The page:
The 14-year-old freshman was a member of the Drake School of Irish Dance.
LEGACY: Established by the Broward Education Foundation, A Dancing Angel Award is given to a Broward County high school senior who is currently enrolled in dance and plans to pursue dancing personally or professionally.
Gina was a Girl Scout and a member of the school's color guard.
LEGACY: The Gina Rose Montalto Memorial Foundation, founded by parents Tony and Jennifer Montalto, helps students with the cost of post-secondary education.
Nicknamed “Guac,” the 17-year-old became a U.S. citizen in 2017 after moving to the U.S. from Venezuela. On the night before the shooting, his father went with him to buy flowers for his girlfriend for Valentine’s Day.
LEGACY: Change the Ref was founded by parents Manuel and Patricia Oliver to provide children with the tools they need to be empowered to make changes to critical issues involving education, conversation and activism.
Alaina participated in the school's JROTC and was active in community service projects as a member of the Church of Jesus Christ of Latter-day Saints.
LEGACY: Alaina, like Martin and another JROTC cadet, was posthumously awarded with the U.S. Army's ROTC Medal for Heroism.
One of four seniors killed in the shooting, Meadow had been accepted to nearby Lynn University in Boca Raton.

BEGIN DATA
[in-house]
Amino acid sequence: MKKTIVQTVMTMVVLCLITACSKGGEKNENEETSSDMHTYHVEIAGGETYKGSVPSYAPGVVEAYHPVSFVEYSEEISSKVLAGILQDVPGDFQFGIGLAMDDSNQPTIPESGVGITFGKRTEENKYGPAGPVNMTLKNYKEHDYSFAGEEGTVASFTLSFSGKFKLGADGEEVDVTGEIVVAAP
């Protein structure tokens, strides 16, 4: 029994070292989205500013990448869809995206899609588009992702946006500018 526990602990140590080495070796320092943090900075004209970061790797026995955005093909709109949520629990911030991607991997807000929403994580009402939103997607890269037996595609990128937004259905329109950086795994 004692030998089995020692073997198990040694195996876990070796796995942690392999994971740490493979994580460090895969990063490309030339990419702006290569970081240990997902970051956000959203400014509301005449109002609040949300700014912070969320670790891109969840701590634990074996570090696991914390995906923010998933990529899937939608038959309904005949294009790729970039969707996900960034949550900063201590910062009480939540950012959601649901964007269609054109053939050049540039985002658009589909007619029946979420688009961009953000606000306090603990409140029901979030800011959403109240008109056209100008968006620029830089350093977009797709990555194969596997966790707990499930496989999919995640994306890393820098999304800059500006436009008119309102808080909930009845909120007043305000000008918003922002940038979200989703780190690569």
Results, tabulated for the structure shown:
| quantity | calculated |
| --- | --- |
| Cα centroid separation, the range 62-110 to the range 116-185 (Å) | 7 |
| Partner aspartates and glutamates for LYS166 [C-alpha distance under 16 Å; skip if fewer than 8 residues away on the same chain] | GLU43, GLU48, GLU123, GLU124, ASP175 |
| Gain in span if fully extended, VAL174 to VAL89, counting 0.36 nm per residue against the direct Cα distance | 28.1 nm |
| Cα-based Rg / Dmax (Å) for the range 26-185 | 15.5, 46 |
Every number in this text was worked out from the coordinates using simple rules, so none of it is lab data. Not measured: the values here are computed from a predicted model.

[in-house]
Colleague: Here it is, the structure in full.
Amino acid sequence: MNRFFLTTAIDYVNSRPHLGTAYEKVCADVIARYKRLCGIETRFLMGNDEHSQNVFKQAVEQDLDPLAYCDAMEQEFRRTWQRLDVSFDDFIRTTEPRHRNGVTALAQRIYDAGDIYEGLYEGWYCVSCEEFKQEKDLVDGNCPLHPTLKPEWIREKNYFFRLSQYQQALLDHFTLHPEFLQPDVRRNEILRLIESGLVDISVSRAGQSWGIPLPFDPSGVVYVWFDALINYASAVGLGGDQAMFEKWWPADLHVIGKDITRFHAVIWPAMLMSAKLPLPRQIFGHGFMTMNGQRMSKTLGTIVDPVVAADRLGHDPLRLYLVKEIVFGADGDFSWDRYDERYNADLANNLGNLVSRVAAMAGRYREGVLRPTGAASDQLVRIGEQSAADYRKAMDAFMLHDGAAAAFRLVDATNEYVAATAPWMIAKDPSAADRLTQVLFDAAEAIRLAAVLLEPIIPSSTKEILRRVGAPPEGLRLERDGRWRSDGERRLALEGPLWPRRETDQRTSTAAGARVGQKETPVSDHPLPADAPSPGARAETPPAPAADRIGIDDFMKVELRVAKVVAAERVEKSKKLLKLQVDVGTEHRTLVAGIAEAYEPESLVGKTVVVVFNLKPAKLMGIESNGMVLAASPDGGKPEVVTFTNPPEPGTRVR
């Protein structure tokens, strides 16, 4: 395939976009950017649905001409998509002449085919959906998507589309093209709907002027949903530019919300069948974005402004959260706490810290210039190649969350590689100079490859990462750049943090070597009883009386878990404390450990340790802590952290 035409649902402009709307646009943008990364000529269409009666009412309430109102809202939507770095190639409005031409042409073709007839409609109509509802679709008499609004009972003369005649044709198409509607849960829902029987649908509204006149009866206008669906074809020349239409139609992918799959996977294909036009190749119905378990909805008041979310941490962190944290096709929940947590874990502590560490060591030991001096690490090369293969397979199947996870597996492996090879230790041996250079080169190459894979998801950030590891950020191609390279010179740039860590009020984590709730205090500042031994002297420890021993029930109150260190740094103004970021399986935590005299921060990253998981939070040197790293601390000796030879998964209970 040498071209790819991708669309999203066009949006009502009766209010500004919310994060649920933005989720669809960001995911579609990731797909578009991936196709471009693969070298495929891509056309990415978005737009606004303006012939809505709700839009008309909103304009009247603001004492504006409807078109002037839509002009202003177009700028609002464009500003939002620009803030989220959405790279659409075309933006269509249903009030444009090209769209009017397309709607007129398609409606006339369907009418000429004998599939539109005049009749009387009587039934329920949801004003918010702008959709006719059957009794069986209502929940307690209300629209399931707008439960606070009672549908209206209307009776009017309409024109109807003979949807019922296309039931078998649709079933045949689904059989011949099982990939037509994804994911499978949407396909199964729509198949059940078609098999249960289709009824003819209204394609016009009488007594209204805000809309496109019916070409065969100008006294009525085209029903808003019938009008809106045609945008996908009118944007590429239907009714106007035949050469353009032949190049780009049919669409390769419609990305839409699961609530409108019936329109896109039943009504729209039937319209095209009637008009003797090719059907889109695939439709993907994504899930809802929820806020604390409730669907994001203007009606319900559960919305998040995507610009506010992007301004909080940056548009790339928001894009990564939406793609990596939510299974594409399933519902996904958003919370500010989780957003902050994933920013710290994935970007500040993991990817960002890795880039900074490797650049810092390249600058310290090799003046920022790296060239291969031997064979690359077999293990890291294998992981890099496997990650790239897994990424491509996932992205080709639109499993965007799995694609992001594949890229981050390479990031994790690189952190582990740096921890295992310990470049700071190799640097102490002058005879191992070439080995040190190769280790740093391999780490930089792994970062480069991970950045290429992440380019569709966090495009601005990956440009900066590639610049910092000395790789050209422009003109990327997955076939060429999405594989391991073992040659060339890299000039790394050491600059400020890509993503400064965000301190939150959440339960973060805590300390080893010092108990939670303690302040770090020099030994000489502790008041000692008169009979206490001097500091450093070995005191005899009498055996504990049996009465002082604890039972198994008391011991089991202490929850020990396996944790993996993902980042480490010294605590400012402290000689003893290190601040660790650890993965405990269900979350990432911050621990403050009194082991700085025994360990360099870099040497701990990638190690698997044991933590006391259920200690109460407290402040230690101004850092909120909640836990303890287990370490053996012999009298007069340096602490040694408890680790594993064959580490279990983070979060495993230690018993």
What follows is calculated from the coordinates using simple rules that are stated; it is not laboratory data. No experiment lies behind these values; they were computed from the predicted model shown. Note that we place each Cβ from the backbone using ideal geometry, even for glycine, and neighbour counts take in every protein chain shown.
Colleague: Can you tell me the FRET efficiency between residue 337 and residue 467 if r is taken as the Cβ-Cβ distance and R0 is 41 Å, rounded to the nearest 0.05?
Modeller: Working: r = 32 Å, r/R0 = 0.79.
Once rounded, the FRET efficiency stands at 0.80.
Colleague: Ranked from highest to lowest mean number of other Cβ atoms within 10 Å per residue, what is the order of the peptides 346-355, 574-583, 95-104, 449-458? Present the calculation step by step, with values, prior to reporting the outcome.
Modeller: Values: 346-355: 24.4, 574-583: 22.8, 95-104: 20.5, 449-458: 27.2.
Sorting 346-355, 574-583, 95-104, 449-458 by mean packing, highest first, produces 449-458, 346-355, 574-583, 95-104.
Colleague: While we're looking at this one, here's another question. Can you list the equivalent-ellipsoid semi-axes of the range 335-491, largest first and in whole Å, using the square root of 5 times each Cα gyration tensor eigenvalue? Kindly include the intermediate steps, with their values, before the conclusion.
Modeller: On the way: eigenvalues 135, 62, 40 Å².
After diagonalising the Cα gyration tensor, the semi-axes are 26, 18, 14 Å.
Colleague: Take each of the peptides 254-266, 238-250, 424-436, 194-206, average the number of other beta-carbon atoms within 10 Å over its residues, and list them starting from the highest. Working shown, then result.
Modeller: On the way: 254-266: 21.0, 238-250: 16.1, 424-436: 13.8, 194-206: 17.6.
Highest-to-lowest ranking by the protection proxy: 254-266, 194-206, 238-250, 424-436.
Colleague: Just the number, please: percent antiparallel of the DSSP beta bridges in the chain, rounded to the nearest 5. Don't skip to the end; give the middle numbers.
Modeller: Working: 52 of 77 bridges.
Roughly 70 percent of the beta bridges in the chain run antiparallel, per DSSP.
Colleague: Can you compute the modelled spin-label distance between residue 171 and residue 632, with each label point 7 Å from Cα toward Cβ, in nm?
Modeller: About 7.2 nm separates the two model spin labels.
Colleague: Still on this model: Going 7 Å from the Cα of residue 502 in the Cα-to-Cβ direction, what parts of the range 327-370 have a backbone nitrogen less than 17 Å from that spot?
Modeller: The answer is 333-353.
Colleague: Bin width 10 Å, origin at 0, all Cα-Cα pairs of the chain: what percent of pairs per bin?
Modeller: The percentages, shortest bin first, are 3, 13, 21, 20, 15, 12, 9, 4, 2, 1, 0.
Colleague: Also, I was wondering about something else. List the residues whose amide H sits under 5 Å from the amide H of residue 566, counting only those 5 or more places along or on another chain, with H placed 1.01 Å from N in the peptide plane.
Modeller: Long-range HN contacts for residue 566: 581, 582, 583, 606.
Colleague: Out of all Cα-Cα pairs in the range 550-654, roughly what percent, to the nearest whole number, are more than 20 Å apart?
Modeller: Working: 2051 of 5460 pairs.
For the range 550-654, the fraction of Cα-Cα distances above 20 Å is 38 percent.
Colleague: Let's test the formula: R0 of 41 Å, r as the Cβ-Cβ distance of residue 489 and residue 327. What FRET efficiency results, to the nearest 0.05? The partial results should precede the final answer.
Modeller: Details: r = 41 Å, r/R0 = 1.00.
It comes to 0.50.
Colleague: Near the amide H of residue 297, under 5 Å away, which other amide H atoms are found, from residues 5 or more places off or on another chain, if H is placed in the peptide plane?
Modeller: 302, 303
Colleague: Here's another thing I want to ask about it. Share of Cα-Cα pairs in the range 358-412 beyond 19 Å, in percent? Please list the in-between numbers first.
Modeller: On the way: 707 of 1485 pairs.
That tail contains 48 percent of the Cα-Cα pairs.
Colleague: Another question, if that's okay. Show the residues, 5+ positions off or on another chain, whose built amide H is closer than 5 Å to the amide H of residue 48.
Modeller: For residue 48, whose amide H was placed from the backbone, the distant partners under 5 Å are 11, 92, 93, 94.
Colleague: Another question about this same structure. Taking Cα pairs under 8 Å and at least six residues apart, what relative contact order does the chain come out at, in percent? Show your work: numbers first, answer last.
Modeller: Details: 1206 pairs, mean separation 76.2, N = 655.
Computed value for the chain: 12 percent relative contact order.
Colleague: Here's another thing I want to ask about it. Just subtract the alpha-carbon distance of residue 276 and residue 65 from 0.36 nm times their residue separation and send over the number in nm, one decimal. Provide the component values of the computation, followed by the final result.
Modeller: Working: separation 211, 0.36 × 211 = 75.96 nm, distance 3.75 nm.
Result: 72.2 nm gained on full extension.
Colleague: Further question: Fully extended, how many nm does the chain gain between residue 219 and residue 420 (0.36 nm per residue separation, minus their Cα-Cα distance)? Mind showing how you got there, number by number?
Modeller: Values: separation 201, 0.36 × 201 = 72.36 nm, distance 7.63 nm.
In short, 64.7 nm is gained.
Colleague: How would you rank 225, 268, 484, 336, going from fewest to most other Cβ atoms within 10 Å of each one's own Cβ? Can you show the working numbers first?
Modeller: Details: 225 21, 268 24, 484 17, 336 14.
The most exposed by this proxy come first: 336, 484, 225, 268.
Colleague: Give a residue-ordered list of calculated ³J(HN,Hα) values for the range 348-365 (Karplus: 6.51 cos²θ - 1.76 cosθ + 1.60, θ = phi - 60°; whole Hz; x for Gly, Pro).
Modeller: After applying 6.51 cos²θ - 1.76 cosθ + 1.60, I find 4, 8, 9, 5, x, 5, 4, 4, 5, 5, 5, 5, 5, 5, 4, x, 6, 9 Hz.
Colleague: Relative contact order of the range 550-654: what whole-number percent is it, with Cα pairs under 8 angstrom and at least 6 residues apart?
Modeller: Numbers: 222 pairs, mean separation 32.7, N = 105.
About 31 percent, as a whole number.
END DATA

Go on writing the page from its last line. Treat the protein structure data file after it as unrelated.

LEGACY: Her father, Andrew Pollack, served on the Marjory Stoneman Douglas High School Public Safety Commission, established by the state to investigate the shooting. He later resigned to focus on an independent investigation.
Helena is credited with saving the life of her friend during the shooting, helping her to hide.
LEGACY: Established by MedPro Healthcare Staffing, the Helena Ramsay Soaring Leader Scholarship is awarded annually to a Marjory Stoneman Douglas High School student who has shown a commitment to Helena's vision of creating stronger societies by making a positive impact on the community or a cause.
A member of the school's marching band, Alex played the trombone and baritone. He was just 4 years old when his mother died, Alex's father said during his eulogy.
LEGACY: The Safe Schools for Alex campaign is part of a crusade by father Max Schachter to protect the nation's children and teachers through a nationwide school safety commission.
Carmen was a National Merit Scholarship finalist, but she didn't know it on the day of the shooting. The 16-year-old senior received her award letter the day after she died. Her family said she wanted to become a medical scientist and change the world by discovering a cure for ALS.
LEGACY: Carmen’s parents used their daughter’s life savings to create the Carmen Schentrup ALS Research Fund and make an initial donation in the amount of $5,628.84.
Witnesses said Wang, who was also a member of the school's JROTC, was fatally shot while ushering others to safety. He died while wearing his uniform.
LEGACY: Wang was the third cadet to posthumously be awarded with the U.S. Army’s ROTC Medal for Heroism.